In spite of internet services being suspended in Assam since December 11, protests against the Citizenship Amendment Act continue to rage in the state. In the absence of social media, television news seems to be the go-to alternative for people to keep abreast of the protest calendar.
“We get all our information about the protests on TV,” said Nabanita Borgohain, a lawyer who was part of the All Assam Student Union’s “jailbharo” – fill the jails – protest on Monday.
Chiranjib Deori, a student attending the same protest, said he was “completely dependent” on television news now that there was no internet. “I came here because I heard the AASU’s call to people to come out on TV,” he said.
The government’s attempts to curb the spread of protests seem to have been thwarted by the Assamese media, particular television media. They have made no secret of their opposition to the Act, which fast-tracks undocumented non-Muslim migrants from Pakistan, Afghanistan and Bangladesh eligible for Indian citizenship.
As the legislation made its way through Parliament to become law on December 11, Assam broke into protests – some of which turned violent. At least five persons have been killed so far. According to the popular local claims, the Act will regularise thousands of undocumented Bengali Hindus in the state, further marginalising populations identified as indigenous to Assam.
The Assamese media’s position is an extension of their position on immigration-related matters. The Assamese press wholeheartedly backed the update of the National Register of Citizens in the state, which is intended to be a list of “genuine” Indian citizens living in the state, sifting out undocumented migrants.
“Television has very well played a very important role in these protests,” said Mrinal Talukdar, who hosts a popular news and debate program on Pratidin Time, a leading Assamese news channel. “I am very proud to be part of the Assamese media right now which is showing such great character and courage against the ruling BJP government – the kind that few others have shown in BJP-ruled states of the country.”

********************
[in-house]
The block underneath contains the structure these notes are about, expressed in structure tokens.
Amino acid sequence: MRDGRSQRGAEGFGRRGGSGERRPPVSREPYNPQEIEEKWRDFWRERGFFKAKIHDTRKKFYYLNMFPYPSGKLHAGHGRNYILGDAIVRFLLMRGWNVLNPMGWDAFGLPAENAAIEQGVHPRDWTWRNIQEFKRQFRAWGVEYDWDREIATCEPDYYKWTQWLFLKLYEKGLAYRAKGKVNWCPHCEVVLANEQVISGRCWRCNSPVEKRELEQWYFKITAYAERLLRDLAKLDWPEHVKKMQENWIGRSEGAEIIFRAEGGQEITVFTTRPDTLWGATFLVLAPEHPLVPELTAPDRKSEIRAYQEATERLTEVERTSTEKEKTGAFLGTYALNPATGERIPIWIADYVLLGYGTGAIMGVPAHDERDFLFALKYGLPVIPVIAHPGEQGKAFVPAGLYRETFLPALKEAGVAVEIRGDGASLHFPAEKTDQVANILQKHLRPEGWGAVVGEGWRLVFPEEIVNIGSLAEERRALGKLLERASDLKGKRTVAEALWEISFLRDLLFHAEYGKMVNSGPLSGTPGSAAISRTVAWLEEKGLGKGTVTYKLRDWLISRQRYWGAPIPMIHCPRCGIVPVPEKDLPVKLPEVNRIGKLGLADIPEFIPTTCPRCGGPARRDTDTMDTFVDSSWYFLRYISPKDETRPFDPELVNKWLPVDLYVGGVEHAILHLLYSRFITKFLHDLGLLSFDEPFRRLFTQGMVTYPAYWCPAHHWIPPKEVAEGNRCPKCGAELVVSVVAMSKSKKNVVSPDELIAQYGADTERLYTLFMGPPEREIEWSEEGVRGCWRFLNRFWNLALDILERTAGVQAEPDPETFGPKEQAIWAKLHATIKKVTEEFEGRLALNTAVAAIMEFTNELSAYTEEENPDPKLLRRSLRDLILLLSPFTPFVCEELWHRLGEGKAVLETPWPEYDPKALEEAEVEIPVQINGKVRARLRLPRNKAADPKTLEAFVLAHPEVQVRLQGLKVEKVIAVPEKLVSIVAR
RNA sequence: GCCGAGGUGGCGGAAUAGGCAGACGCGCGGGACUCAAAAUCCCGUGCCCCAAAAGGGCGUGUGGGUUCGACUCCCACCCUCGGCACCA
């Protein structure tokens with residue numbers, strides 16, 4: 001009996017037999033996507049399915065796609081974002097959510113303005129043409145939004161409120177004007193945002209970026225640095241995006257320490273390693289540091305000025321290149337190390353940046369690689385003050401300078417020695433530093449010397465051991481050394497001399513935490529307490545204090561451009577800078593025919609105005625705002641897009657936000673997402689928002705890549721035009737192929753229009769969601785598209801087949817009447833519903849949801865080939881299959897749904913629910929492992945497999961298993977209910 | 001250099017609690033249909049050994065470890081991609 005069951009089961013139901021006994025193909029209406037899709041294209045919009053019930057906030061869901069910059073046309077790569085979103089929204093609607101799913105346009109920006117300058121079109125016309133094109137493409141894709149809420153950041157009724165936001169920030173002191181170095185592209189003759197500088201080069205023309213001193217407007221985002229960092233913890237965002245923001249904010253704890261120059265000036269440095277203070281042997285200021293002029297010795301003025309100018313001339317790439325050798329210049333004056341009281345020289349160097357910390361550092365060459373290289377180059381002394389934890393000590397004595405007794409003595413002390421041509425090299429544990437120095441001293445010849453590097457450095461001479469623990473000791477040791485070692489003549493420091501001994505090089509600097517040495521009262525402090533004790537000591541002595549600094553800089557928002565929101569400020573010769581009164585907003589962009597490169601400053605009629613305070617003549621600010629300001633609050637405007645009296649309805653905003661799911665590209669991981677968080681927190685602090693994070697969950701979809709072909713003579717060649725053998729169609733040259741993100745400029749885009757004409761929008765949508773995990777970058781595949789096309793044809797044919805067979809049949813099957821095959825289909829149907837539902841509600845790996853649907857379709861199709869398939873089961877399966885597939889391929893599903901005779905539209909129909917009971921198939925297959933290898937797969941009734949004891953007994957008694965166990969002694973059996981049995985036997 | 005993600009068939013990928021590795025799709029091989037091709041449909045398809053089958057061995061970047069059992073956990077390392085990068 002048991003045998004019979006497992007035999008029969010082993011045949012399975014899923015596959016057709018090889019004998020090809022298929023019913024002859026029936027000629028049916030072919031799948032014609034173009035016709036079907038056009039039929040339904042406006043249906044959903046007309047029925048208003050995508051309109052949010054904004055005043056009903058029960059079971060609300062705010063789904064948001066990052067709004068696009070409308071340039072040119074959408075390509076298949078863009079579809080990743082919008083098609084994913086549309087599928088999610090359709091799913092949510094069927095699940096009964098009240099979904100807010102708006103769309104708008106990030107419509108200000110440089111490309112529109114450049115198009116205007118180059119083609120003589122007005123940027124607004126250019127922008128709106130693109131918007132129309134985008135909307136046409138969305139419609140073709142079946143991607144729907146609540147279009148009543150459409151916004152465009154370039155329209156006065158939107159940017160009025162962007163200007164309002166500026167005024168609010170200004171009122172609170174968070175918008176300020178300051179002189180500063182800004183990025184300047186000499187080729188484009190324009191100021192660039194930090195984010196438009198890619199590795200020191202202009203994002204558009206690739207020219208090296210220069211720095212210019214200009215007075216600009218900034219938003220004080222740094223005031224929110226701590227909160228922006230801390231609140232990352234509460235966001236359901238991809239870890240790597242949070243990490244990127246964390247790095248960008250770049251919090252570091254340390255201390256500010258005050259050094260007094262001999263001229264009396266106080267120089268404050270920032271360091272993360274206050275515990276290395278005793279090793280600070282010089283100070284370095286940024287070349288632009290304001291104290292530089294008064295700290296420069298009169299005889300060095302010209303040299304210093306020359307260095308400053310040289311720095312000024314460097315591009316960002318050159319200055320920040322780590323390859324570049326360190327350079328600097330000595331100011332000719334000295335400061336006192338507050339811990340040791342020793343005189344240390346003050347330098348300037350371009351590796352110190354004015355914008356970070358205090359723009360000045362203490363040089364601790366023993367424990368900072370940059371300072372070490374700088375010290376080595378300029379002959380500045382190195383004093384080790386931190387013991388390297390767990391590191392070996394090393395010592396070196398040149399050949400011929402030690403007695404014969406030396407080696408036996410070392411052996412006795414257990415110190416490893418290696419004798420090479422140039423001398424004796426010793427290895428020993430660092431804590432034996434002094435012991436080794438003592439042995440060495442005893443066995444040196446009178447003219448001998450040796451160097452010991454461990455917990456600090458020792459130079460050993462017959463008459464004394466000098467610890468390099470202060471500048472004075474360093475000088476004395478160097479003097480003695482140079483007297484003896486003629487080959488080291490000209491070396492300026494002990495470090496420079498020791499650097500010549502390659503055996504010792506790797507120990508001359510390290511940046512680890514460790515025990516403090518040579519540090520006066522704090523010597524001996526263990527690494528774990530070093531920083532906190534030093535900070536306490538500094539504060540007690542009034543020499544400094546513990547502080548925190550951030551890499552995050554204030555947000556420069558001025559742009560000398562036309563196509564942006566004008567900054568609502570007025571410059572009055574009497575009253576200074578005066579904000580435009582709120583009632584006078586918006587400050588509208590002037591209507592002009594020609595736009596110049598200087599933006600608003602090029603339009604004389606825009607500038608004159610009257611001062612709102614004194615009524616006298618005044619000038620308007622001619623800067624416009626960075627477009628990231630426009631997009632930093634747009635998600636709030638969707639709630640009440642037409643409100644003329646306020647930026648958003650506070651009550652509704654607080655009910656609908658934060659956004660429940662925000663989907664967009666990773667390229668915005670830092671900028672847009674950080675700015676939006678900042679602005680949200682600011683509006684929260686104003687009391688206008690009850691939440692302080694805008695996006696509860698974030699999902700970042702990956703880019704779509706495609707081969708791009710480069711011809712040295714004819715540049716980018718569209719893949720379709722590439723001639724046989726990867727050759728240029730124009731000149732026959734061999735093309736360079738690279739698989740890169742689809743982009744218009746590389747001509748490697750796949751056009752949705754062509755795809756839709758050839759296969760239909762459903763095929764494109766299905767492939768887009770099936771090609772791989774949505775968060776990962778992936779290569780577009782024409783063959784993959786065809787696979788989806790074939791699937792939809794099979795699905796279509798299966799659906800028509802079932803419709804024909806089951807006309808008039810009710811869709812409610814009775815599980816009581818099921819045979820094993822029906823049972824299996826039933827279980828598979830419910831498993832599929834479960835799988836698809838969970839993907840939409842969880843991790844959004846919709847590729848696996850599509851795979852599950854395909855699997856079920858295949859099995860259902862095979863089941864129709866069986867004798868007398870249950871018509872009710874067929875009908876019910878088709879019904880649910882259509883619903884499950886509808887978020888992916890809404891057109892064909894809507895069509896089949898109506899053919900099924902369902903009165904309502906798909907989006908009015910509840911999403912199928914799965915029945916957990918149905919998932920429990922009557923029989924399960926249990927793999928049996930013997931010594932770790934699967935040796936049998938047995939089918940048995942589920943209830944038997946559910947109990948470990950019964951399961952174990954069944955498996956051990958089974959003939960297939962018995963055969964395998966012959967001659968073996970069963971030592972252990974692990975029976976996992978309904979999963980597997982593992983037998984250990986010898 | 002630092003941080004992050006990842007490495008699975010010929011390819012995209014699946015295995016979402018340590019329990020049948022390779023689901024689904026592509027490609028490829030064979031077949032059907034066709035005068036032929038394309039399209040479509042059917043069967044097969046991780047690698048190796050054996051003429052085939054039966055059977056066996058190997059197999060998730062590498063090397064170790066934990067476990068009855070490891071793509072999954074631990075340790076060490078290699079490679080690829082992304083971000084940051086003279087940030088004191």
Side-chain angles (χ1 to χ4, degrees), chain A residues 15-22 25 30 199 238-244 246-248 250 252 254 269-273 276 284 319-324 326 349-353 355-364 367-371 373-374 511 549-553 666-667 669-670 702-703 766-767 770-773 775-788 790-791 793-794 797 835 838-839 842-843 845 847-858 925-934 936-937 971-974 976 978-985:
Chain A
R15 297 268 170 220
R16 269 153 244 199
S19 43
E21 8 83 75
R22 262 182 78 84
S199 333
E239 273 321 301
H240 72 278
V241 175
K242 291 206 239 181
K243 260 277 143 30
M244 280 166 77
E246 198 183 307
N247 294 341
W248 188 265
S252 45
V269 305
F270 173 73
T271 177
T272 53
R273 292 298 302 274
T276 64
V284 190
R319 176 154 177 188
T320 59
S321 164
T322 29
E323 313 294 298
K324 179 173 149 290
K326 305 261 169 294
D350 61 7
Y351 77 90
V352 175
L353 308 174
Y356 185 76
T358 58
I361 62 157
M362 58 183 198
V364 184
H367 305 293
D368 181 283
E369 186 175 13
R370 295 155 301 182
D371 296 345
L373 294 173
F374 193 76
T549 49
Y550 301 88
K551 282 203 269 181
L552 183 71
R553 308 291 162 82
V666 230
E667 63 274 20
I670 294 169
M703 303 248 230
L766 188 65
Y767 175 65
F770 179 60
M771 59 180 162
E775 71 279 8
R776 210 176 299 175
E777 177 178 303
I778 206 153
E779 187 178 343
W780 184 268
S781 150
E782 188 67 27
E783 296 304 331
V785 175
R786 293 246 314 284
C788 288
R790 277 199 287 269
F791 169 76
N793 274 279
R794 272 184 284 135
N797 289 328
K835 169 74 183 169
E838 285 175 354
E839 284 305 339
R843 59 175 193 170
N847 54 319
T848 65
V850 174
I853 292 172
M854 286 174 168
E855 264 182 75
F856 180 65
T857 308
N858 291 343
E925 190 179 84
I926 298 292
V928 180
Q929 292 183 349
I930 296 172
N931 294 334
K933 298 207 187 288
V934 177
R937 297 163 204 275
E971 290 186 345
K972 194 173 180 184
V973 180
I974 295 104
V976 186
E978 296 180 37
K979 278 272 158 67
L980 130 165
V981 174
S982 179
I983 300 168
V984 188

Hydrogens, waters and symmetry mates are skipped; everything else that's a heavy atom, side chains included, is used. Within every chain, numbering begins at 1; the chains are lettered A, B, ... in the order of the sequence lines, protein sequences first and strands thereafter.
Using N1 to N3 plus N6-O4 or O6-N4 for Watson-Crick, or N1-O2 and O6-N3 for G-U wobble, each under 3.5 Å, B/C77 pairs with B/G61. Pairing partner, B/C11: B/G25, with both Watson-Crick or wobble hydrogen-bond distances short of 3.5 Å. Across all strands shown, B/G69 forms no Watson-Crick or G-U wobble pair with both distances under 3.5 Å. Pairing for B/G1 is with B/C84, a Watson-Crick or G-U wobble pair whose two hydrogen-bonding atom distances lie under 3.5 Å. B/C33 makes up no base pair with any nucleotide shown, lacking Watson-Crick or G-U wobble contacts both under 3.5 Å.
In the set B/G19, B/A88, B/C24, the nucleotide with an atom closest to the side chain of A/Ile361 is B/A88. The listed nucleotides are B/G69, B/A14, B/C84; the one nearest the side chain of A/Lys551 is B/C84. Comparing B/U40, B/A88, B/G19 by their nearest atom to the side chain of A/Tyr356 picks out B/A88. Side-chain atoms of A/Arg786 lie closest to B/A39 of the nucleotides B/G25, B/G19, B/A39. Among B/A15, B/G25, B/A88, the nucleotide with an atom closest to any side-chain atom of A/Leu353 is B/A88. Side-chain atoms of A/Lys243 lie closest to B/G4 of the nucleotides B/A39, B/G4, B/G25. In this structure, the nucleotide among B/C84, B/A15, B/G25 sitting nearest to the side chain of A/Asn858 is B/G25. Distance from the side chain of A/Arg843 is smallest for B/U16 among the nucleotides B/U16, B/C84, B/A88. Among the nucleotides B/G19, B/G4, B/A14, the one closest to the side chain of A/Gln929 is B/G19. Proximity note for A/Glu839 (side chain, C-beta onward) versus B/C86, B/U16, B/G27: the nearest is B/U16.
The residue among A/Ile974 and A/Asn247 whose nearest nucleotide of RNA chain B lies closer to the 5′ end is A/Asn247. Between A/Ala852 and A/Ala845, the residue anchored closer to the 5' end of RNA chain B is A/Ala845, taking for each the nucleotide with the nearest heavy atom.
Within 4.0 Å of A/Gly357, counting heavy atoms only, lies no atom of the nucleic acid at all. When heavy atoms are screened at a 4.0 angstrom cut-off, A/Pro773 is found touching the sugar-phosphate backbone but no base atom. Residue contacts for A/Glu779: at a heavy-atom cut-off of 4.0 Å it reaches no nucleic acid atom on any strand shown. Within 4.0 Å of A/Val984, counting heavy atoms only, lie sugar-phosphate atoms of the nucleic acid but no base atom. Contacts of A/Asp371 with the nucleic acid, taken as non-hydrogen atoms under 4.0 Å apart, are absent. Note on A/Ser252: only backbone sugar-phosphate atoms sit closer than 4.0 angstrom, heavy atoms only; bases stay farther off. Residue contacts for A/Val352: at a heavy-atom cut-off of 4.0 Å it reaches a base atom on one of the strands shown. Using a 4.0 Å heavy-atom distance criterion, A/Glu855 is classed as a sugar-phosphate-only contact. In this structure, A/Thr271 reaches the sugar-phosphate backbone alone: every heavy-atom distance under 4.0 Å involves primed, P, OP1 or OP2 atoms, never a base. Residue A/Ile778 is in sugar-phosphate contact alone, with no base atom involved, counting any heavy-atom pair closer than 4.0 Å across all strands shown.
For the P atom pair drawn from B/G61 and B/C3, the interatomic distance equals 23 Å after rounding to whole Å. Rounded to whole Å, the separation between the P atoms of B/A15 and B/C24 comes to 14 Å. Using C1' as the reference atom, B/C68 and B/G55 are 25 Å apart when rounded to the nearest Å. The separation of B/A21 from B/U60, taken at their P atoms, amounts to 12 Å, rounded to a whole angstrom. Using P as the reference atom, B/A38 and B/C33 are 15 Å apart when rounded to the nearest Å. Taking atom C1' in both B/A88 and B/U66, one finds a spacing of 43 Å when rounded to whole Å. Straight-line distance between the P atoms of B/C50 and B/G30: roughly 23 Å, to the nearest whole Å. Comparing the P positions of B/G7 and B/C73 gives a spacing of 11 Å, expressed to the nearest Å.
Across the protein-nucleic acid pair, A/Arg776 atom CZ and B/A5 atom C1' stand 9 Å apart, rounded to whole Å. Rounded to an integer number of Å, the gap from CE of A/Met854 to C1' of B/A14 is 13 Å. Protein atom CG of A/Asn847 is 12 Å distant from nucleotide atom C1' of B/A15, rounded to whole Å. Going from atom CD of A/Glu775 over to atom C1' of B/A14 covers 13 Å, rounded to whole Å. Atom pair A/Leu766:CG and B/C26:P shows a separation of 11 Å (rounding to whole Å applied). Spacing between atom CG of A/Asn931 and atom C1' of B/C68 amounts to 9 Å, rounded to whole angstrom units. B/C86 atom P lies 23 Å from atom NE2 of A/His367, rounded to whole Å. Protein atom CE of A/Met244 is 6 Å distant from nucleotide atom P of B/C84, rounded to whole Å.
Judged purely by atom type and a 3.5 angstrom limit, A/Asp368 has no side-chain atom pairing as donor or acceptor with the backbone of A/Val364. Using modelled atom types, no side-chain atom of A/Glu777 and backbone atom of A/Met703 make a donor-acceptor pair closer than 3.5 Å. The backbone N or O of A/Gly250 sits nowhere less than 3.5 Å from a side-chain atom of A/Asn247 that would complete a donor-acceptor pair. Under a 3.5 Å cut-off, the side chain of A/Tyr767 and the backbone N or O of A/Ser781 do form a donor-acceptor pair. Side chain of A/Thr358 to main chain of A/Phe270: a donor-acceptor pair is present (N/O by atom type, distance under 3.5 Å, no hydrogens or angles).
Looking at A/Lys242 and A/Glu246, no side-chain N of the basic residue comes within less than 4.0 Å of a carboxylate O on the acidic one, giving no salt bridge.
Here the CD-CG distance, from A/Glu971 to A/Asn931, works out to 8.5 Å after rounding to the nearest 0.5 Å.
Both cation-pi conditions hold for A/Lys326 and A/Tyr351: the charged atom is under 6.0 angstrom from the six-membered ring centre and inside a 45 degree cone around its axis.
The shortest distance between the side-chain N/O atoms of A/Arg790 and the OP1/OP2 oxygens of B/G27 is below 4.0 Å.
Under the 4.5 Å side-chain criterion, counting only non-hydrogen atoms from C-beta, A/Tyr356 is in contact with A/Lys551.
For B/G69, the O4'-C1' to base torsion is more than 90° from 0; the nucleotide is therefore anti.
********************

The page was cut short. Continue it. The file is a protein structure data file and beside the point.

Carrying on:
In fact, the narrative on television has been so decidedly anti-government on some Assamese news channels that there are murmurs that the regime has gone to the extent of disturbing their transmission. “I can provide no proof, but it’s a fact that my programme is facing technical disturbances, though commercial breaks are free of such troubles,” alleged Talukdar.
Pranay Bordoloi, who is managing editor at Prag News, another popular news network in Assam, said it was natural for TV news to assume a new importance in the absence of social media. Unlike Talukdar, though, Bordoloi insisted that his channel did not have an editorial position as such on the matter. “We have carried regular updates about the protests, but we have also cut live to press conferences by the BJP,” he said. “We have been covering both sides of the story.”
Talukdar cited one more reason for television’s burgeoning influence over the protests in the last few days. “The IT cell of the BJP has no means to counter attack now and they have been almost decapitated,” he said. “So now television news is almost entirely running the show and the Assamese media has taken a very very strong stand on the issue.”
Another factor that many in Assam believe has sustained the protests for so long is the involvement of the state’s artistes and actors. Zubeen Garg, arguably Assam’s most popular singer and songwriter after Bhupen Hazarika, with a fan-following across age groups, has been at the forefront of protests along with the All Assam Students’ Union, exhorting people to hit the streets. Many other musicians have composed songs hitting out at the Act, articulating the Assamese people’s concerns about being demographically and culturally swamped by immigrants from Bangladesh.
On December 15, thousands of people turned up for a protest at the heart of Guwahati, where they broke into impromptu songs and poetry – led by some of the state’s most well-known artistes. Similar scenes were witnessed in several other towns and cities of Upper Assam. In these protests, Assamese cultural motifs such as the dhul [the Assamese drum] and taal [cymbal] were abundantly used.
Nilotpal Bora, a popular Assamese singer who has composed a song against the recent amendments, said the idea behind fusing music with the protests was to wean away people from using violence. “When there is a song playing, no one wants to be violent,” he said. “Besides this has made the protests more broad-based and involved many women.”
Other musicians cited more primal fears behind their participation. “The reason for the artistes’ involvement in the protests is quite simple: we want to safeguard Assamese language and culture,” said Manas Robin, a popular Assamese composer and singer.